Regional renaissance? New forms of governance in nonmetropolitan Australia

Everingham, Jo-Anne, Cheshire, Lynda and Lawrence, Geoffrey (2006) Regional renaissance? New forms of governance in nonmetropolitan Australia. Environment And Planning C-government And Policy, 24 1: 139-155. doi:10.1068/c47m

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Author Everingham, Jo-Anne
Cheshire, Lynda
Lawrence, Geoffrey
Title Regional renaissance? New forms of governance in nonmetropolitan Australia
Journal name Environment And Planning C-government And Policy   Check publisher's open access policy
ISSN 0263-774X
1472-3425
Publication date 2006
Sub-type Article (original research)
DOI 10.1068/c47m
Volume 24
Issue 1
Start page 139
End page 155
Total pages 17
Editor R.J. Bennett
J.S. Goss
A. jordan
K. Morgan
K. Mossberger
M. Rosenberg
C. Splash
Place of publication London, United Kingdom
Publisher Pion
Collection year 2006
Language eng
Subject 370401 Urban and Regional Studies
759999 Other social development and community services
370100 Sociology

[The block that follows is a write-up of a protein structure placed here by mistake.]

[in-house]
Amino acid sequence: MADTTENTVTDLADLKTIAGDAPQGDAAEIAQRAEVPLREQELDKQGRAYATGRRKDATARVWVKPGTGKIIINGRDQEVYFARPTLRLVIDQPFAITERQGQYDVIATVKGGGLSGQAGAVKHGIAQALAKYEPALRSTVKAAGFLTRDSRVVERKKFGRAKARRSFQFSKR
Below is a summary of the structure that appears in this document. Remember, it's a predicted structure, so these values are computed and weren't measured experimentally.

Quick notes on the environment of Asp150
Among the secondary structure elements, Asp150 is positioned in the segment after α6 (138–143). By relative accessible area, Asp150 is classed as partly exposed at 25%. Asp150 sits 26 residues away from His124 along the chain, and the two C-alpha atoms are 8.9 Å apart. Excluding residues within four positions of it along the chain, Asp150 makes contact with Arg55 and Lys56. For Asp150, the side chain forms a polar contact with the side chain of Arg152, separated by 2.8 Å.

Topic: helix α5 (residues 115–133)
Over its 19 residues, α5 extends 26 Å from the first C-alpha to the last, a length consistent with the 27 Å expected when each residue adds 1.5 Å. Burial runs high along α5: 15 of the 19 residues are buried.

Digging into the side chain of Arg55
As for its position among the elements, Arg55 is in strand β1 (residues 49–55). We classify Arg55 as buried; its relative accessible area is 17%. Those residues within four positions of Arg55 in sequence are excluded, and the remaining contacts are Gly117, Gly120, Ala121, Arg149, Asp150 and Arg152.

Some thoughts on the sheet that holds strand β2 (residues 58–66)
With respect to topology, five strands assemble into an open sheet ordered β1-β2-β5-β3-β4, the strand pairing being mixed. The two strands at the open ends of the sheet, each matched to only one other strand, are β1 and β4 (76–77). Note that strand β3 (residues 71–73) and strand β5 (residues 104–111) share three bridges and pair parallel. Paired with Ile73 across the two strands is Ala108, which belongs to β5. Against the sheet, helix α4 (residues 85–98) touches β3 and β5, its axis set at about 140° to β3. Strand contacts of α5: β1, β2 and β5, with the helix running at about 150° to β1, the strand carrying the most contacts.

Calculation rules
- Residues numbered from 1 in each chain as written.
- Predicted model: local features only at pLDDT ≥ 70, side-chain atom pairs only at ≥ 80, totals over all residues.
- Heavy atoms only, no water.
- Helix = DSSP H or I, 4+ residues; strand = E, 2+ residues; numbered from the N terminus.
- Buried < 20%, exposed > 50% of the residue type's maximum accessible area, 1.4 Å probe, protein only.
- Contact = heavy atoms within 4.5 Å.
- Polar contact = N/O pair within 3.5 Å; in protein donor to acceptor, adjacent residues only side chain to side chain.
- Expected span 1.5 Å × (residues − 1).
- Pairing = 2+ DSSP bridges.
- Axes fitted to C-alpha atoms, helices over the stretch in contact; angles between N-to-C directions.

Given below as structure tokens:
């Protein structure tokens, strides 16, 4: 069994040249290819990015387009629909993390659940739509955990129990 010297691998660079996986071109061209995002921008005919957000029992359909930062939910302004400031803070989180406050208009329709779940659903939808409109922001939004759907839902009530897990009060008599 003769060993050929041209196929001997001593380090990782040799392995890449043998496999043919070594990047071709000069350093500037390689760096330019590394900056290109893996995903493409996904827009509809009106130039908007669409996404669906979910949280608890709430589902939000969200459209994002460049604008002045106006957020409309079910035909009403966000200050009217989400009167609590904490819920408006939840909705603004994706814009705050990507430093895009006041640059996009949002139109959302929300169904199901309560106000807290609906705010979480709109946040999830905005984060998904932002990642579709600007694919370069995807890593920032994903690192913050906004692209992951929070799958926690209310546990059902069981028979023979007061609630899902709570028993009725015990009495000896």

Abstract Since the Second World War, Australian governments have adopted various approaches to governing nonmetropolitan Australia. The authors profile three distinct approaches to governance characterised as (1) state-centred regionalism; (2) new localism; and (3) new forms of multifaceted regionalism. Although recent policy initiatives have been justified by the argument that the region is the most suitable scale for planning and development in nonmetropolitan Australia, in practice the institutional landscape is a hybrid of overlapping local, regional, and national scales of action. The authors compare this new, multifaceted, regionalism with the so-called 'new regionalism currently being promoted in Western Europe and North America. It is argued that new regionalism differs in quite important ways from the regionalism currently being fostered in Australia. In Australia, the centrality of sustainability principles, and the attempt to foster interdependence amongst stakeholders from the state, market, and civil society, have produced a layer of networked governance that is different from that overseas. It is argued that there is a triple bottom-line 'promise' in the Australian approach which differs from the Western Europe/North American model, and which has the potential to deliver enhanced economic, social, and environmental outcomes.
Keyword Environmental Studies
Public Administration
Development Agencies
Globalization
England
Program
Q-Index Code C1
Q-Index Status Provisional Code
Institutional Status UQ

 
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Created: Wed, 15 Aug 2007, 09:10:11 EST